One of the reasons I like computers, is because there is so much failure. I enforce some analog superiority over the digital failure to fix it. I like computers because I am capable of fixing them. Fixing problems is very satisfying.
Being a specialist usually means that you are a good problem solver. I have had my share of problems over the years and have developed a methodology to solve problems. My methodology looks extremely simple on the surface. This makes it easy to remember and explain. It does not make it easy to solve a problem, because a good share of domain knowledge is still involved. Yet I am sure that if you follow these steps and are smart enough, you can solve almost any problem.
What you need to do is follow a strict process of solving problems. And my process consists of only five steps.
The steps are, in the correct order:
To solve a problem you need to isolate it. This can be done by asking some questions: What is the problem? What causes the problem? Is it my problem? (Everybody has the right to an equal amount of problems.) When does the problem become visible? Who is affected by the problem? What has changed recently? And most important: Does the problem require a fix?
What these questions bring is a solid understanding of the magnitude of the problem. Most problems arise as ‘it does not work anymore’ or similar nonsense. Your first objective is to find out what is ‘it’ and what it was supposed to do?
A lot of problems go away themselves, or are user errors. Almost all problems arrive as a symptom. You shouldn’t solve symptoms. This phase requires you to find out exactly what the problem is and in this phase you are not allowed to do anything else. You are searching. Not solving. You keep on digging until you understand the problem. Keep on searching until you find the root cause of the problem. Most problems inflict other symptoms – side effects – which might emerge as problems themselves. You are not solving these. You are trying to solve the first stone that inflicted the domino-race. It is very, very important that you do not break anything else.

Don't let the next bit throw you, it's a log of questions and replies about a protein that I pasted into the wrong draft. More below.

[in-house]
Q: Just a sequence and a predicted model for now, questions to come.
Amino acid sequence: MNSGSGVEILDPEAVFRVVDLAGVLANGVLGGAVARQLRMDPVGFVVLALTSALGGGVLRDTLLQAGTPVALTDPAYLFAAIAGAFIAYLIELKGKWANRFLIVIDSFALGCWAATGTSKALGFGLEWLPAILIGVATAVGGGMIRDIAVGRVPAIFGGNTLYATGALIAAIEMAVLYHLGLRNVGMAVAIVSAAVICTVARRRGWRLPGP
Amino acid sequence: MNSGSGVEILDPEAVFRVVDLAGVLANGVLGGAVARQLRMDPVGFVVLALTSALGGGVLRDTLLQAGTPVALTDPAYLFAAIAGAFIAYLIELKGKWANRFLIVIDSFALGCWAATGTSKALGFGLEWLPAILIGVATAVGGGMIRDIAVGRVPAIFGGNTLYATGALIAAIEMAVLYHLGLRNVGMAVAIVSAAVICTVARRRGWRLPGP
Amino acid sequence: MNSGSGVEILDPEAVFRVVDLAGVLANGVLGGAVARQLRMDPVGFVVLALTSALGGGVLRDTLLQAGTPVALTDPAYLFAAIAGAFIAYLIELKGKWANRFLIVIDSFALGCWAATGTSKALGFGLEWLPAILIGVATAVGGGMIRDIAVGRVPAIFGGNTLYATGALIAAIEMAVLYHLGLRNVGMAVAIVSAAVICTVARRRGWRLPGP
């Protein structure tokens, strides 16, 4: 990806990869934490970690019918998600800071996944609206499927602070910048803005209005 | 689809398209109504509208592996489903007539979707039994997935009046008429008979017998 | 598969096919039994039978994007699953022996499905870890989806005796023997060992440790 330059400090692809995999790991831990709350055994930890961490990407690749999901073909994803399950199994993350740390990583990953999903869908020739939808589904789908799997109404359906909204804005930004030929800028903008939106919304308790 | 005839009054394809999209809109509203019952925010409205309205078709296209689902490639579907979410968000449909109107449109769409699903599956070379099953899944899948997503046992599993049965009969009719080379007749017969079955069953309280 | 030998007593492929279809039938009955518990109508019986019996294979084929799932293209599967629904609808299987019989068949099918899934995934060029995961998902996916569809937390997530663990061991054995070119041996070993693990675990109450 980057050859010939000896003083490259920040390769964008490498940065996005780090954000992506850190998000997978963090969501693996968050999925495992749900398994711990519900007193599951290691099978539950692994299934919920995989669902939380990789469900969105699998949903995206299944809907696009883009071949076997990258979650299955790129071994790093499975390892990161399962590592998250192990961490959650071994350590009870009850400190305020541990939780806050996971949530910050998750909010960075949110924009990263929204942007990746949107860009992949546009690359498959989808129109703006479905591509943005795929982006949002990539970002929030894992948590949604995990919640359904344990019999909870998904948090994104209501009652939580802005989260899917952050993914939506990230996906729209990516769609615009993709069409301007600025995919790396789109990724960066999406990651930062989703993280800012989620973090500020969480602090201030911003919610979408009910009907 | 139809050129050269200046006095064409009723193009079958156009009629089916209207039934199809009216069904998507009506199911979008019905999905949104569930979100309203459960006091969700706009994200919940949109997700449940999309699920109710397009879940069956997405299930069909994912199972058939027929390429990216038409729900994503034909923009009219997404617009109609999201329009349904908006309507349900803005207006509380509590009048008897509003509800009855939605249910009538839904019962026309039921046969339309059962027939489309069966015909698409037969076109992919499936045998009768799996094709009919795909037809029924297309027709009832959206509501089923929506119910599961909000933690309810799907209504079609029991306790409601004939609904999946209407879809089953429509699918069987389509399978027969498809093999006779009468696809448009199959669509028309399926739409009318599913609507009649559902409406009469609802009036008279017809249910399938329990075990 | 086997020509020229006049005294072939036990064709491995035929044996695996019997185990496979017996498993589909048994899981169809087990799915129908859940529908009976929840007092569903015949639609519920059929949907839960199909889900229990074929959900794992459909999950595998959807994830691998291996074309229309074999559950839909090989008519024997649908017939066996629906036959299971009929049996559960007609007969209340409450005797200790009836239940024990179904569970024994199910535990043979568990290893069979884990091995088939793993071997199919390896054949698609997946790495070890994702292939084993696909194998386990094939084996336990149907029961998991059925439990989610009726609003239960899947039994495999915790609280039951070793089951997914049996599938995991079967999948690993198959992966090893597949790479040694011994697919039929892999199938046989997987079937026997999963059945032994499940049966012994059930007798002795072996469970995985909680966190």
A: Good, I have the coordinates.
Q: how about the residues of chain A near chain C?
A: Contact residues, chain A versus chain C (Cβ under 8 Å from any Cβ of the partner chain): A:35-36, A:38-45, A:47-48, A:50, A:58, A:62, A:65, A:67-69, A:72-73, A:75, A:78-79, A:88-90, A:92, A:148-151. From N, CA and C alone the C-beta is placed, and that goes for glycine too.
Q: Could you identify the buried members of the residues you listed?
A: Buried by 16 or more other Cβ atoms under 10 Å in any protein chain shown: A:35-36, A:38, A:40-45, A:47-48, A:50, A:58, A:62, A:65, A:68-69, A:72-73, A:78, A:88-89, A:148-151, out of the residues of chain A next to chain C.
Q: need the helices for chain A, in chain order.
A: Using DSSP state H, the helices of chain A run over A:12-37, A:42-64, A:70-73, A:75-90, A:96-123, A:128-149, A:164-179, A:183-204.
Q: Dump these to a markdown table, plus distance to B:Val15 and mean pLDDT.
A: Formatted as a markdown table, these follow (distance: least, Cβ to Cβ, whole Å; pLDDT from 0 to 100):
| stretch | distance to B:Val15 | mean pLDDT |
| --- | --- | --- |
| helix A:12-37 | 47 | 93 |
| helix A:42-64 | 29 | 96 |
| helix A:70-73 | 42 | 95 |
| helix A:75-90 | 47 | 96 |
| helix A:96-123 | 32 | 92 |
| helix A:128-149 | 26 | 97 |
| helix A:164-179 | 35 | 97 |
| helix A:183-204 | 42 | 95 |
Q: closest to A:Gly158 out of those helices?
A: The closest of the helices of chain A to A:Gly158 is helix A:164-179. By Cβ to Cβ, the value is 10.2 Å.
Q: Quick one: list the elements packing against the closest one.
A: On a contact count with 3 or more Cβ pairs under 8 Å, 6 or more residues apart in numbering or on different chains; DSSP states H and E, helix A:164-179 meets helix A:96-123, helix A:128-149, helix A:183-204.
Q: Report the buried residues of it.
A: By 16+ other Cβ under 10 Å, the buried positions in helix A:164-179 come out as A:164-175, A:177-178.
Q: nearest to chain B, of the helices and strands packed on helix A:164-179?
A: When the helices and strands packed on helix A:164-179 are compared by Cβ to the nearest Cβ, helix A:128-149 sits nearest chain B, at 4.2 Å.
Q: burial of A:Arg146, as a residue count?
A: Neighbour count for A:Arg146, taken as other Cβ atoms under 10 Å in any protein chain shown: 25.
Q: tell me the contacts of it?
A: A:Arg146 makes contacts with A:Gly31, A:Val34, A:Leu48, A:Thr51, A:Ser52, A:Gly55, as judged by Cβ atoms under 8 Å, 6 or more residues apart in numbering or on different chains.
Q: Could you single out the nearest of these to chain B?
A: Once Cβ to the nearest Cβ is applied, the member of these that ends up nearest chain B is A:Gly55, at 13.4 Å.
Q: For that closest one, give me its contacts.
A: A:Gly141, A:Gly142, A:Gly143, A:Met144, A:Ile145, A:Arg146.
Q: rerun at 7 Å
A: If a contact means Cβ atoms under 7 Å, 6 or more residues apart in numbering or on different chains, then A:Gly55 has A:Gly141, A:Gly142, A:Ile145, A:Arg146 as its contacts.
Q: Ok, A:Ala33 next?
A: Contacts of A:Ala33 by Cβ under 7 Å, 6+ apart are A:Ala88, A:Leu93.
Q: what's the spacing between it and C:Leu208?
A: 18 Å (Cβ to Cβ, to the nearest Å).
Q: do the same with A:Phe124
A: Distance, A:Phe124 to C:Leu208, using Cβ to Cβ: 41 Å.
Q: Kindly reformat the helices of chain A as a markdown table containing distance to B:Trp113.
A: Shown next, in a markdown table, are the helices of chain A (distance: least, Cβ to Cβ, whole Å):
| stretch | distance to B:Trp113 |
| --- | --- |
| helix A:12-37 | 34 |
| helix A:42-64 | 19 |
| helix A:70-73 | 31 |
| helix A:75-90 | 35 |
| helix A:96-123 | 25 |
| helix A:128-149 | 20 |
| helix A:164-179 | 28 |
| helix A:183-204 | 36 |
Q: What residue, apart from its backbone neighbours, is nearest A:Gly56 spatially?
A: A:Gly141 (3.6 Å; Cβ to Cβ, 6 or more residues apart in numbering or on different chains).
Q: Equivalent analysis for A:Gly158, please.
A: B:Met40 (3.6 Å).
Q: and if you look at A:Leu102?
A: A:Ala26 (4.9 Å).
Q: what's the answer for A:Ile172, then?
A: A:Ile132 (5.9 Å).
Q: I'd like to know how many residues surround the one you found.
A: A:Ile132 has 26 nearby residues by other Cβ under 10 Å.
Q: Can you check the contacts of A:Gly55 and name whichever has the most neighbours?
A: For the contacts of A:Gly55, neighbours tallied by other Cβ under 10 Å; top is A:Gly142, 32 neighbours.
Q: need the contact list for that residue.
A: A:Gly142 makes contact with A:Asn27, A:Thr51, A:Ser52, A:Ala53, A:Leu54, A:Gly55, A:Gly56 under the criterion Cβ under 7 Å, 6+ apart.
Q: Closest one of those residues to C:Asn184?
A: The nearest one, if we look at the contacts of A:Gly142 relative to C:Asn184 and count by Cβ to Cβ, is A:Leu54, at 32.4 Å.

During isolation, you start analyzing. What do you know? What do you need to know? During every step you need some reflection. You need to make sure you follow one path at a time. Only when you are finished you try another path. Continuously check your search strategy and evaluate your results. The golden rule is that you do not muddle around for more than half an hour. If you do not significantly progress in half an hour, you need to step away and skip this trial or get help. Working randomly might shorten the time to solve it, but that is just luck. Working structurally doesn’t necessarily give you the shortest solve time, yet it is a secure path and helps you quantify the work (“I need to know and test 5 more things, so I need 3 hours the most”).
During this phase you should start documenting: write things down. When isolating and analyzing you should bring pen and paper. You need to make notes. Who did you talk to? What did you do? What ideas do you have left? What is been excluded? And it helps to create a drawing or flow diagram. Remember that you are still searching and not yet fixing. Write down what you do, what you want to try and what you have done. And if you have found a solution, write down the steps to solve the problem.
Asking questions is good. If you need to solve a problem, you might want some help. Asking for help can be as simple as explaining what you have done. Just to verify that you haven’t overlooked anything and to order the process in your head. It is like taking a short break. Most problems are solved by asking the right question instead of giving the right answer.
Only if you are sure what the problem is, you can continue to the next phase. Phase 4: Fixing the problem. By now you should know what to do, because you documented it.
After the fix you need to check it. Then verify it. Then let someone else verify it again.
I have been thanked often without fixing a problem. Just isolating and analyzing was more than enough and they could handle it further themselves. Fixing is easy. Isolating and analyzing is much harder.
There is something to remember: During the process you have asked people for help. Make sure that you inform the people who are still out there helping you, know that their help was appreciated but is no longer necessary. Tell them that the problem is solved. Perhaps even tell them how you solved it, so they can learn from it as well.
If you are a domain expert, experience can help you reduce the solving time considerably. But it does not disqualify you from the fact that you need to go through these steps. As an expert you need to be able to explain what you do, why you do it and what you solve.
A problem is solved when it has been isolated, analyzed, fixed and tested. The solution has been written down for future reference. Only then is a problem solved.